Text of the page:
“I could go anywhere and work tomorrow, but I need to be excited,” says Munier, leading into another interesting story.
“I loved Tony Ryan. An amazing man, sitting in an old Concorde seat behind this enormous desk, opulence all around, asking me everything about the restaurant business.”
It was 2006 and Tony Ryan had ploughed €80m into developing the Village at Lyons Estate near Celbridge, Co Kildare, with two restaurants.
“He turned to me and said, ‘How much do you want?’ I was getting well paid in those days, and I said €70,000. ‘OK,’ he said, ‘I’ll give you €90,000 but if you walk out that door, I’ll never offer it to you again.’ I was on another job. I thought for a minute; I opened the door, but I never closed it and instead said, ‘I’ll take it’. He gave me €90,000 and the position of GM of the Village at Lyons.”
Now, the country and the industry are a far cry from those cash-splashing Celtic Tiger days.
“When I saw a recent post looking for a restaurant manager, I left it for three days before making contact, thinking I’d be rejected. I didn’t want to be rejected, weird feeling,” Munier says, wistfully.
“All it needs is a knock in life and your mind is distracted, you’re not as confident as you used to be. I’m 54 now, we’re all human at the end of the day.”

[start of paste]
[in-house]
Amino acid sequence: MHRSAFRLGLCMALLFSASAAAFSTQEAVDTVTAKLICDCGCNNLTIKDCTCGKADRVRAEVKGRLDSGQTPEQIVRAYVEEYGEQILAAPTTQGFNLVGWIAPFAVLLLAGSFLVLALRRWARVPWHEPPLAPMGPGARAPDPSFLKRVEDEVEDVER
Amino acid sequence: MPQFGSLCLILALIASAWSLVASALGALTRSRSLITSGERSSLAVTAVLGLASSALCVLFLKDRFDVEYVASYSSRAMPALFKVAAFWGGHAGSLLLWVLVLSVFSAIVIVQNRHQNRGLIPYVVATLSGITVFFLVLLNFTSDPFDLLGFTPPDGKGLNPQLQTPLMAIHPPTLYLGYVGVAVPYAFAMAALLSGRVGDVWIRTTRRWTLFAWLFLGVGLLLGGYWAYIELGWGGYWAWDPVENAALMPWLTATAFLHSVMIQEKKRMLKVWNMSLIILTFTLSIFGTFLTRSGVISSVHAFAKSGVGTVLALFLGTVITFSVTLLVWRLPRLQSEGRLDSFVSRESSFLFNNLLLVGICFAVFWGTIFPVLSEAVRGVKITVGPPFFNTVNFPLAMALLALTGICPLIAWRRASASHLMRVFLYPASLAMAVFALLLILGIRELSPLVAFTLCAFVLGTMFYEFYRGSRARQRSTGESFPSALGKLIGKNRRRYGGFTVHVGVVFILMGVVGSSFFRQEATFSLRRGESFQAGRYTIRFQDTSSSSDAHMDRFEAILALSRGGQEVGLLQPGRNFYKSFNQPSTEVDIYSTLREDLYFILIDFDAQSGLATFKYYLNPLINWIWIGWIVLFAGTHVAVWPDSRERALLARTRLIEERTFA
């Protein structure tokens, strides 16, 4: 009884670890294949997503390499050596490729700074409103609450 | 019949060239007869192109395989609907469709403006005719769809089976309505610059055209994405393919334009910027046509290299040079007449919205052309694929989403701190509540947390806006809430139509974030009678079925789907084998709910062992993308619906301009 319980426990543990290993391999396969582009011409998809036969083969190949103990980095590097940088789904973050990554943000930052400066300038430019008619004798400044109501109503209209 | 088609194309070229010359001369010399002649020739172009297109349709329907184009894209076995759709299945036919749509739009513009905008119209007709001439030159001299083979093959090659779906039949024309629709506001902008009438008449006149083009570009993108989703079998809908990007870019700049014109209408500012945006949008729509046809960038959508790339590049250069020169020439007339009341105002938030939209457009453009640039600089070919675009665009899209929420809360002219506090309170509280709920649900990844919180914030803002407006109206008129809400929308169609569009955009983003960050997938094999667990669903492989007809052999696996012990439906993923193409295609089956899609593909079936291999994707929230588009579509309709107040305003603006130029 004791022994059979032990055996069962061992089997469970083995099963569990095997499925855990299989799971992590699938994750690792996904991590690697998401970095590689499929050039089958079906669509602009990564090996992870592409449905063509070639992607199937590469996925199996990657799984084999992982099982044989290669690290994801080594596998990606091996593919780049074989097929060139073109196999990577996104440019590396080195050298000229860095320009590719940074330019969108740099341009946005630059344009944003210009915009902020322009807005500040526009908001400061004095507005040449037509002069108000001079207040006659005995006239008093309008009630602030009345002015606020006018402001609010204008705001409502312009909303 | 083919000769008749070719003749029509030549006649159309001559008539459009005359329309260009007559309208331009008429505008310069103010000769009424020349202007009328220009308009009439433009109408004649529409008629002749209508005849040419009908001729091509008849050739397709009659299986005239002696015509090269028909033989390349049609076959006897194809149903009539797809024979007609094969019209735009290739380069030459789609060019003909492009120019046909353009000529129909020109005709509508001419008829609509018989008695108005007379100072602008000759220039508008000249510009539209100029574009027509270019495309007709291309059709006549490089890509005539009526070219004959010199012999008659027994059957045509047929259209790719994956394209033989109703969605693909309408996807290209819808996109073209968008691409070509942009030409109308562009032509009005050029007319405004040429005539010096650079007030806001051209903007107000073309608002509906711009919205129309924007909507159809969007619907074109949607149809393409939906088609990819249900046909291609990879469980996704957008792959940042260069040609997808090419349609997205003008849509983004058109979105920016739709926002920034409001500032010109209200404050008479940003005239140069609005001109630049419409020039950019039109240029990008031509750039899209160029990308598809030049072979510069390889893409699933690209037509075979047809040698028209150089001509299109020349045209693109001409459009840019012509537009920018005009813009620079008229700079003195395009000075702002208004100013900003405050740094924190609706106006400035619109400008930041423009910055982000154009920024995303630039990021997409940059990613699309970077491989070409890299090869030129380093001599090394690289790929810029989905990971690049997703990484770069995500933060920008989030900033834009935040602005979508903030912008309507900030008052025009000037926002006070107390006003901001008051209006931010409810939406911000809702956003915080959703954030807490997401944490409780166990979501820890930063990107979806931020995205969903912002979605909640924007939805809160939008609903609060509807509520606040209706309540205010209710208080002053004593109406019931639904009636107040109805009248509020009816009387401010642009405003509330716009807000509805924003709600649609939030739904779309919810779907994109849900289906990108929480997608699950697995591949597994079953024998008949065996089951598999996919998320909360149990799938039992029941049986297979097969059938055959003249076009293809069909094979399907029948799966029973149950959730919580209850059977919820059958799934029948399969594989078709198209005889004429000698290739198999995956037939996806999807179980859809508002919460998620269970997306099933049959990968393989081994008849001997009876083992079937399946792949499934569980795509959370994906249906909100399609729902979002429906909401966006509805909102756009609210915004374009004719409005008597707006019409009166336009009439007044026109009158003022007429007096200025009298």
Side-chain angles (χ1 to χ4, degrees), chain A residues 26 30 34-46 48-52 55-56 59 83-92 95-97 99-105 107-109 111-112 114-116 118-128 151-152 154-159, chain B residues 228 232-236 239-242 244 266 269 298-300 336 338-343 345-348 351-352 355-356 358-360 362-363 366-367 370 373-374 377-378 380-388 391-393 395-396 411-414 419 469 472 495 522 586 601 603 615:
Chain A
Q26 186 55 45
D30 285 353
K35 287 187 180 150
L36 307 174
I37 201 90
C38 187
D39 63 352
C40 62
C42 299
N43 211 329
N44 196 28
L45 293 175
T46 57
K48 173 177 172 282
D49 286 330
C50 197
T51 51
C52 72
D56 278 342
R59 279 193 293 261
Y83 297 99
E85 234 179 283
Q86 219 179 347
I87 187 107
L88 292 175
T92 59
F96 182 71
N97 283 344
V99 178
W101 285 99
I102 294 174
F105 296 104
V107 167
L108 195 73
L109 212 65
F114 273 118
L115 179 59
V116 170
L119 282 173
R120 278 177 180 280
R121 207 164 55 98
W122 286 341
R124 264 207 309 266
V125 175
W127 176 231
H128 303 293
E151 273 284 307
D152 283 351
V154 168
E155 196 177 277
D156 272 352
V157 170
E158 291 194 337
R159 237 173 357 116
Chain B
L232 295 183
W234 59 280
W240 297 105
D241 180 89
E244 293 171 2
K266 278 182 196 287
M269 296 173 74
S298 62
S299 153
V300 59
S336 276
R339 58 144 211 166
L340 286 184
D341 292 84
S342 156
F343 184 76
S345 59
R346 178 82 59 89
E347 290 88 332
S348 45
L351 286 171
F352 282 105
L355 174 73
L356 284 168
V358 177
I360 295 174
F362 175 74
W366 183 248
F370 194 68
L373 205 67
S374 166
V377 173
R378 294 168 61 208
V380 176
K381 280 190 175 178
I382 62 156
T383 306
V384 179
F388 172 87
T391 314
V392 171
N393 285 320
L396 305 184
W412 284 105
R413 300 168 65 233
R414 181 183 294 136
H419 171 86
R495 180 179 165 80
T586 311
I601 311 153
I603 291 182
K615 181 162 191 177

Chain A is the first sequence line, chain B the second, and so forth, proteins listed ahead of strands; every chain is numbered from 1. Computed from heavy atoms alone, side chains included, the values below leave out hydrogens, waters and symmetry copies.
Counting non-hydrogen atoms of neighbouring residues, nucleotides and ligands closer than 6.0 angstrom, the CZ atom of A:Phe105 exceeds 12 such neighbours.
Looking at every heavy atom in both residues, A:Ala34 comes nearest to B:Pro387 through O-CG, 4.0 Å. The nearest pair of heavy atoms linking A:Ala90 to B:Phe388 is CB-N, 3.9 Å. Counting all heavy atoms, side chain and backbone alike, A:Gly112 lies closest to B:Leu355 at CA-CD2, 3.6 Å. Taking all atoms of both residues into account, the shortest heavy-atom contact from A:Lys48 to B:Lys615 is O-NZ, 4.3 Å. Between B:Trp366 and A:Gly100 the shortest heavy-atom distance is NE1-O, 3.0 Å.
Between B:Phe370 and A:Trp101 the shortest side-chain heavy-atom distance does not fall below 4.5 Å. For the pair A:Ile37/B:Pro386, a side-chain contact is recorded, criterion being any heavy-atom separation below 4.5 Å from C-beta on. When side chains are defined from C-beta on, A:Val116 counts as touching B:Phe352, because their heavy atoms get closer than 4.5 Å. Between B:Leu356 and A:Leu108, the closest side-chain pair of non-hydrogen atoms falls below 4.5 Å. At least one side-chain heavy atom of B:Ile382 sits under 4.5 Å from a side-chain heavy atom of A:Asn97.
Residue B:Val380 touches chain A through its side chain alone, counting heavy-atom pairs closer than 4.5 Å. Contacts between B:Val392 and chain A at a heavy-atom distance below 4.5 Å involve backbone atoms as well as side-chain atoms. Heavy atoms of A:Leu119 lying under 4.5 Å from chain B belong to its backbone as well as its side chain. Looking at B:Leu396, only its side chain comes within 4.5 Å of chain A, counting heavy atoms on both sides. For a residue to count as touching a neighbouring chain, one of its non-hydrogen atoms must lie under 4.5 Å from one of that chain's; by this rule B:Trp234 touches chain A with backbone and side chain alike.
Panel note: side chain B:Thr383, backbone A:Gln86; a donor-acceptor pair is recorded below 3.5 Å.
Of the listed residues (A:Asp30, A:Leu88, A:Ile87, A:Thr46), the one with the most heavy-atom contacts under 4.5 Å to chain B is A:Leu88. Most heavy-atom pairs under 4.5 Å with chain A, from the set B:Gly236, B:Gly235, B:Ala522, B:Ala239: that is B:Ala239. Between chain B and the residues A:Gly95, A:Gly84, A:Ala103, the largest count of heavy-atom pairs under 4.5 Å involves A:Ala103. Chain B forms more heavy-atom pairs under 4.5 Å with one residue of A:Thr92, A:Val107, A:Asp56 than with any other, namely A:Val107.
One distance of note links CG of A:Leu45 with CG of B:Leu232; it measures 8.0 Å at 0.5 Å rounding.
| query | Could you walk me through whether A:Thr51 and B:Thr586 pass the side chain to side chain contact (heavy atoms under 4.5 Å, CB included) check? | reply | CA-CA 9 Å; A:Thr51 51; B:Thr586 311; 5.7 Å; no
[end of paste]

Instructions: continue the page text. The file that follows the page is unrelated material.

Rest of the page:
Gareth ‘Gaz’ Smith’s ebullient enthusiasm for his restaurants, Michael’s Mount Merrion and its nearby sibling, Little Mike’s, is infectious and has placed Gaz and his venues among the top places to visit in Dublin.
“There’s a respect for one another and here [at Michael’s] I’ve got carte blanche, I’m not being micro-managed. My love/hate with the industry, and the one thing that would have put me off going back, was that some places are run by those who haven’t earned their stripes, they’re telling you what to do. Gaz, however, has reinvigorated my love affair with the industry. That’s not everybody’s thing in life but it works for me to get up in the morning, shave, get the suit on — it still fits — and create a seamless operation between the kitchen and the floor.”
Had he seen a lot of bullying in kitchens?
“No, I’ve always worked with ‘madness’, but they were sane! What I saw was more mental than physical abuse. I got that — being oppressed — but I have a way of coping with it because I have a short memory, that’s how I cope.”
He’s told me he has a love/hate relationship with the industry, but how about with the media?
“I don’t think I do. I talk too much and maybe say too much. I wear my heart on my sleeve.
“I don’t talk about my private life any more. It’s pointless because no one gives a shit about your divorce, your separation. It’s boring, I’ve done it. Some only want to talk about that. My partner, Alanna [Feeney], saved me from disaster. I don’t have many friends because this industry doesn’t breed friends, it breeds colleagues.”
Munier now feels he has the best of both worlds, treading the boards on the restaurant stage and painting in his free time. During the lockdowns, he grew a beard, wore shorts, and painted very successfully for 10 hours a day,
also launching his website in the UK for the corporate market.
Now, the lockdown beard and shorts are gone, the suit is back on, and Nick is ‘all business’ again on all fronts.
See nickmunier.com; Instagram @munierart